“Is access control for supply chain ok?”
Due to rapid expansion of remote work around the world in recent years, it has become possible to access the environment that was previously protected at the perimeter from anywhere. In addition, with the recent globalization, companies are interacting with more companies both domestically and internationally. It seems that there are more cases to access information at data centers located in Japan, overseas, and utilization of SaaS services.
The days when a company only needs to protect its internal network are over and it has become necessary to take security measures across the landscape, including the supply chain.
In “10 Major Security Threats 2021” (For Organizations), “increasing attacks that exploit weaknesses in the supply chain” is ranked 4th and it seems that the organizations continue to pay attention to the security of supply chains.
Now, how can we utilize security measures for the supply chain? In this article, we will explain best practices of supply chain management, particularly focusing on access management.
What is Supply Chain?
What is the supply chain in the first place?
Information-technology Promotion Agency, Japan (IPA) defines it as “a form in which business related to IT systems and services is outsourced to affiliated companies and business partners, and the outsourcing is chained”. It can be said that the supply chain in IT fields refer to a series of flows from design, procurement, development, sales, and the operation of software and hardware, that construct the system.
The following are examples:
- Supply chain of affiliated companies
The systems for large company and group company are developed by outsourced companies, including multiple subcontractors under the outsourced company
- Domestic and international supply chain
Domestic datacenter is accessed from an overseas outsourced development base
- Software/Hardware supply chain
Operation using software/hardware developed and sold by other companies is carried out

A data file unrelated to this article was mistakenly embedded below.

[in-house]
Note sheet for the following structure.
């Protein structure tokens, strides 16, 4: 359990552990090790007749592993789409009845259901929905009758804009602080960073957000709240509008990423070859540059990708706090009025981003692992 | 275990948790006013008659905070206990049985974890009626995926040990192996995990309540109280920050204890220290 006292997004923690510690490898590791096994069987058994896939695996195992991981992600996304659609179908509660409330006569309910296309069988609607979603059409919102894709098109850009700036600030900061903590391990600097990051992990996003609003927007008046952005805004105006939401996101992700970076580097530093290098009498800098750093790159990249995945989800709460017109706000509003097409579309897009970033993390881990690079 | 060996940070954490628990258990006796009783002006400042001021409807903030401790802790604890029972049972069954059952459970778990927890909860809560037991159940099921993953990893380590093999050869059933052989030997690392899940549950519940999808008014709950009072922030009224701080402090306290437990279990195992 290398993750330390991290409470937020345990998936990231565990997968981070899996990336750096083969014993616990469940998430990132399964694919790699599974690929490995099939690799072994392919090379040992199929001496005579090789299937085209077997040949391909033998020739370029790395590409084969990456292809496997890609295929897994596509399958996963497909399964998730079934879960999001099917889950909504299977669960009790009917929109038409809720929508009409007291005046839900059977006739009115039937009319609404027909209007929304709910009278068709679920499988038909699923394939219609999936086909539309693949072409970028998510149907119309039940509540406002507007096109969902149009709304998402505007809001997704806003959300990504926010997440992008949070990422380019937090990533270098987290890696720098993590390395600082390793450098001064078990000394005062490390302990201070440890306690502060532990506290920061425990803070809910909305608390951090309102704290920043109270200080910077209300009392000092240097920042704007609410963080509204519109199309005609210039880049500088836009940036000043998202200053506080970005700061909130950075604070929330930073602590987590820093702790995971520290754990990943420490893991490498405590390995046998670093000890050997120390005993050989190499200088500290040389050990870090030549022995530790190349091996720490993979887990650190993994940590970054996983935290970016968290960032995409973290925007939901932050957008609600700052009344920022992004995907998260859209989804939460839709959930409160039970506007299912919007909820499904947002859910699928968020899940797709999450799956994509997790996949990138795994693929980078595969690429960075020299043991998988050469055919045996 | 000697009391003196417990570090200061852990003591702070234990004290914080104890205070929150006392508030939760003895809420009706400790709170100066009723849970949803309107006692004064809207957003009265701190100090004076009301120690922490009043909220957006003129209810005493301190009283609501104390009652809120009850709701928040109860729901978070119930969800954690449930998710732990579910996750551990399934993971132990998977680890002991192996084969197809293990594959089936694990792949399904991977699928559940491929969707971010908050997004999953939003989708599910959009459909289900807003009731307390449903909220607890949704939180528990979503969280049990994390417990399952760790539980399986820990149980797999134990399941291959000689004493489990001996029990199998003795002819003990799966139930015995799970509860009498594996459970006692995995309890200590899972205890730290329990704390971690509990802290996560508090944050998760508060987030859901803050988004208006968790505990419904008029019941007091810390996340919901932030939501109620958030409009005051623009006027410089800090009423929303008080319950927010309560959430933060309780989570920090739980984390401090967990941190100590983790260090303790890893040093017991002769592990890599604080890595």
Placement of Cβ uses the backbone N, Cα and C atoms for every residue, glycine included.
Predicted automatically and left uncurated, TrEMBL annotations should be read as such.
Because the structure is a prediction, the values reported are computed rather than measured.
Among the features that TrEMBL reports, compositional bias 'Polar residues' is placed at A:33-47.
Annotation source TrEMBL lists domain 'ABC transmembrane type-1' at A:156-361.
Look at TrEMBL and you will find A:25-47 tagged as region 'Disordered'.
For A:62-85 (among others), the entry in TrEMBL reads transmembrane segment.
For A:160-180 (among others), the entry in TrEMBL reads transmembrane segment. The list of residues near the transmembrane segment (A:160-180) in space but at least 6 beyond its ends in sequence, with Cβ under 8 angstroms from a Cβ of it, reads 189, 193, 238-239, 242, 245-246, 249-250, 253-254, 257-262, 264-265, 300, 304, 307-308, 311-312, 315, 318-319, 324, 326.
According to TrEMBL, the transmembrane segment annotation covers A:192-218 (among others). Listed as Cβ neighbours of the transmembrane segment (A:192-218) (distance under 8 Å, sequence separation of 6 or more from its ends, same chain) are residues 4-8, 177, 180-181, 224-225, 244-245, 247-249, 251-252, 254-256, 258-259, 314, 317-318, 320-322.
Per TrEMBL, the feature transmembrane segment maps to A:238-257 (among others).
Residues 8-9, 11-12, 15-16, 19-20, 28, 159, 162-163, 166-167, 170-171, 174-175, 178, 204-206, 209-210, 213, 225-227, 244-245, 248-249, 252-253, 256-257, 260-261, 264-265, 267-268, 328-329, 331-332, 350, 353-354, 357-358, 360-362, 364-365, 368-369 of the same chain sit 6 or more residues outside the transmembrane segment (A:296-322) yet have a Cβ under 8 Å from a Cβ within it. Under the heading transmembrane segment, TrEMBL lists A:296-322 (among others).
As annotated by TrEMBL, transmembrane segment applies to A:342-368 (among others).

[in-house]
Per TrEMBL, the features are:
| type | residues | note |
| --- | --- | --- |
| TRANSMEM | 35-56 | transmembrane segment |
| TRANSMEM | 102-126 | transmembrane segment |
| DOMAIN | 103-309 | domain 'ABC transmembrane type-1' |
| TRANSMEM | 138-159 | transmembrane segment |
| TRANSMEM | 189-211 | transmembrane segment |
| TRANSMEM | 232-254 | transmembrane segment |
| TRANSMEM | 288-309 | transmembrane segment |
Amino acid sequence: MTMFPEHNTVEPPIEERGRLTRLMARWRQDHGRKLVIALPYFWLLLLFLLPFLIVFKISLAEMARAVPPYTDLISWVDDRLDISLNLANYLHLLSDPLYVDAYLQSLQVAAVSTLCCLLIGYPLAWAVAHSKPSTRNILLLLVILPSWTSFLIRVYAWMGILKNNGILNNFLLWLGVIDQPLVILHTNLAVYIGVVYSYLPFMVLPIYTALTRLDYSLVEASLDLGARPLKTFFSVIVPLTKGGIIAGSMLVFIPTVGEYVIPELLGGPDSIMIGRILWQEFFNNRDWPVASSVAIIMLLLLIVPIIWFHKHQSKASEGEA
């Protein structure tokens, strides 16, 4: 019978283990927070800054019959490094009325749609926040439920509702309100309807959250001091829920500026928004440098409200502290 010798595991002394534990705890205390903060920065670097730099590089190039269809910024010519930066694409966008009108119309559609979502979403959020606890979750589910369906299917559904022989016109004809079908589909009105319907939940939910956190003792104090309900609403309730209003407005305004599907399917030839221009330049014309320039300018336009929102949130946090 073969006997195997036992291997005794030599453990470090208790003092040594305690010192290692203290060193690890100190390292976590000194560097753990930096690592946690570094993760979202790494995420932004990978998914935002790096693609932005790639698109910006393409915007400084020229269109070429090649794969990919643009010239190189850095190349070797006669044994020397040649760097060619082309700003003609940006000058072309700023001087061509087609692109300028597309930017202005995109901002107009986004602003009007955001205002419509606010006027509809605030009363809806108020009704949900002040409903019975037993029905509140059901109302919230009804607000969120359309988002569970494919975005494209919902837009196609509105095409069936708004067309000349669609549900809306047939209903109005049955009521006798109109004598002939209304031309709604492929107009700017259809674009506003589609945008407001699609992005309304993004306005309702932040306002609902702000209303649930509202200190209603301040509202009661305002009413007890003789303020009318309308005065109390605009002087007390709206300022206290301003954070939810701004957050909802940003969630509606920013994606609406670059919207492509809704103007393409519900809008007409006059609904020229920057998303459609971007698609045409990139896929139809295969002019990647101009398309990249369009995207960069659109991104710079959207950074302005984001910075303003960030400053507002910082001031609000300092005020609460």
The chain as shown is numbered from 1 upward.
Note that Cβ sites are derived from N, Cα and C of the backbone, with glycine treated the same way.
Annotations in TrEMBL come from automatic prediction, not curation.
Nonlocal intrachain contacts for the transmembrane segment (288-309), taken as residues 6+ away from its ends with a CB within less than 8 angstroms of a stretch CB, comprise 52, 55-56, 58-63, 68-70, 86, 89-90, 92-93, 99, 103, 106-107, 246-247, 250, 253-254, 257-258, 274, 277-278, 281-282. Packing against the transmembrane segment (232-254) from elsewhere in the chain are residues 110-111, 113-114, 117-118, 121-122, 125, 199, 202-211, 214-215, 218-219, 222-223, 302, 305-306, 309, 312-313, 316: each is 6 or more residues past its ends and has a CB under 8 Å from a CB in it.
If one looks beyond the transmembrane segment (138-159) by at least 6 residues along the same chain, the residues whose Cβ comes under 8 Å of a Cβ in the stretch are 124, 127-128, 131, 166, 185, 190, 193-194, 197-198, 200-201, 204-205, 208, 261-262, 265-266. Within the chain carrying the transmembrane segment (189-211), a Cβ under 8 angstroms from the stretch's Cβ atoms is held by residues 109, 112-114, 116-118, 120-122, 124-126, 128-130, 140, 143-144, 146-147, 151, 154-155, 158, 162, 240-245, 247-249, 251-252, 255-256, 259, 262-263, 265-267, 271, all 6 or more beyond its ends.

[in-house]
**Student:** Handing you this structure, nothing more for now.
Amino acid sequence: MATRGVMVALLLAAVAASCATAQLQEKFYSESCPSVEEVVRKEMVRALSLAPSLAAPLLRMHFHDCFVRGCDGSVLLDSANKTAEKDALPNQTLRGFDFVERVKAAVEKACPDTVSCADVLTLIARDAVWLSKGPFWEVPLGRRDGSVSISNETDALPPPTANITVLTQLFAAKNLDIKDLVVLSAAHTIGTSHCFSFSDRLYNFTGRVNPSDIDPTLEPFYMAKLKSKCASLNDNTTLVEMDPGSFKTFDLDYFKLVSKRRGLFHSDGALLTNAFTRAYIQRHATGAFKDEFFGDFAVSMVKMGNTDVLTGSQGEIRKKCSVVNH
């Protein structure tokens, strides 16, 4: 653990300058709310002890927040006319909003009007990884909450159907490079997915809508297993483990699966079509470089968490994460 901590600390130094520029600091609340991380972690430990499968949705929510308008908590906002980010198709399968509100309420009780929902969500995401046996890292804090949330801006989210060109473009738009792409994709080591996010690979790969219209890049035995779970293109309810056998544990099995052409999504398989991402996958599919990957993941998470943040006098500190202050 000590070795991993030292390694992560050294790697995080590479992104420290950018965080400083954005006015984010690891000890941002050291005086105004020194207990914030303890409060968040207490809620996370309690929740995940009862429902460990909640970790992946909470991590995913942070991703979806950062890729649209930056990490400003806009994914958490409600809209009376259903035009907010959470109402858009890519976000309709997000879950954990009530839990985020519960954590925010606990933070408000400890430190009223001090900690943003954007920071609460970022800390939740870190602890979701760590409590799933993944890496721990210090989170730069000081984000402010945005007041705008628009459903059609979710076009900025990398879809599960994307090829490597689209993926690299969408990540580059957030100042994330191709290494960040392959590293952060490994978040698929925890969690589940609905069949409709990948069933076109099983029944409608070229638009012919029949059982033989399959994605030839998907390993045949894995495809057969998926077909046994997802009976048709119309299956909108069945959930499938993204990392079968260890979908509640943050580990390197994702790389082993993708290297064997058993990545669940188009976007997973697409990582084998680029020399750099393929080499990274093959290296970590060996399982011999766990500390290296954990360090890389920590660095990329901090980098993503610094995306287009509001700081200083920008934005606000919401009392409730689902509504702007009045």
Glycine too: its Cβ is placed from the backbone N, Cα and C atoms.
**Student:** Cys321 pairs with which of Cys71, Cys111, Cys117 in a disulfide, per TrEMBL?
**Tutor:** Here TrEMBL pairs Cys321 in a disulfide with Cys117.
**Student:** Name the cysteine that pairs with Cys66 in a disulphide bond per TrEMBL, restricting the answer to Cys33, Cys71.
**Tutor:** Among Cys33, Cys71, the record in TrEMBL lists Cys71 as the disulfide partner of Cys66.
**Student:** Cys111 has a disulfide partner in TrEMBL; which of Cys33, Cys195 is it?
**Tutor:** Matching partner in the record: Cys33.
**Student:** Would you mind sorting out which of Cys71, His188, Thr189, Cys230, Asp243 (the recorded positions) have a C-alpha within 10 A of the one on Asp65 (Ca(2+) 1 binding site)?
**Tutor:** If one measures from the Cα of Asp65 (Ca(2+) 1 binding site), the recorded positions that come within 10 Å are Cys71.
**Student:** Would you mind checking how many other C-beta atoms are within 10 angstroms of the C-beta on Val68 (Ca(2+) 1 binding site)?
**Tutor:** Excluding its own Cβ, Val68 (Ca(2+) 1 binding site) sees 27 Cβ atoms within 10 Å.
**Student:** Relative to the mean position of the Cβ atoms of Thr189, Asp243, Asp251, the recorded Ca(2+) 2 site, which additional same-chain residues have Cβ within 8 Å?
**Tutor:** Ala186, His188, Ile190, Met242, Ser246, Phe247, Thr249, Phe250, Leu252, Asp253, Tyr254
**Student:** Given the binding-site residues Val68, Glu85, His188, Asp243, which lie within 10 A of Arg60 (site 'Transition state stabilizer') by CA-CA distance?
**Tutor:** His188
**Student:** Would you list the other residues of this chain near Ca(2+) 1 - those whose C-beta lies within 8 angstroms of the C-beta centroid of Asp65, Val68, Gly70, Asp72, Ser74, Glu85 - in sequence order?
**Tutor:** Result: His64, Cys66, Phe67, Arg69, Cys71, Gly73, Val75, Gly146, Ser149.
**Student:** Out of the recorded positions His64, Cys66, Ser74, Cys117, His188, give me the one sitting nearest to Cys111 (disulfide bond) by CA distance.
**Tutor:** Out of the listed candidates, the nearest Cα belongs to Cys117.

Figure1:Supply Chain Examples
Threats for Supply Chain
What are the threats to these supply chains?
The following are possible threats related to access control for supply chain:
- Unauthorized access from the outside
- Internal fraud
Usually, companies act against these threats individually, but what about the entire supply chain that involves multiple companies?
It can be a daunting task to verify security measures in every detail of a widespread supply chain with so many and diverse business partners involved in most companies.
Let’s sort out the threats in the three examples of supply chain scope.
Case 1: Unauthorized access of group/affiliated companies of target company
Where development and operation are outsourced in the “supply chain of affiliated companies”, some common systems are used, and the networks are connected to each other.
In this case, there is a possibility that a company with insufficient security measures is intruded, the target company is illegally accessed via a legitimate route, and confidential/personal information is tempered with and obtained.
Case 2: Internal fraud in domestic and international supply chain
This is a case of accessing a domestic data center from an overseas development base such as offshore development.
If there is a user whose ID is assigned with higher privileges than the business requires, it enables the user to access and browse confidential information unnecessary for the business, which can lead information leakage of confidential/personal information.
Case 3: Internal fraud in software/hardware supply chain
In the “software/hardware supply chain”, unauthorized access is possible to the software developer working for the target company. Malware and/or backdoors can be installed into the source code.
In this case, if the user of the software/hardware applies an update without knowing that it has been tampered with, the source code containing the malware/backdoor will be infected/implanted in the user environment, and the attacker will exploit the vulnerabilities to attack the company.
Figure2:Threats for Supply Chain
Best Practices of Access Management
How should we deal with these threats in access control?
The following three measures are considered, especially for access control of the supply chain:
Countermeasure 1: Appropriate access management
The most targeted information in an attack on the supply chain is the information of the user ID (privileged ID) and password that can directly access the system and/or database, and hold administrator privileges, root privileges, etc.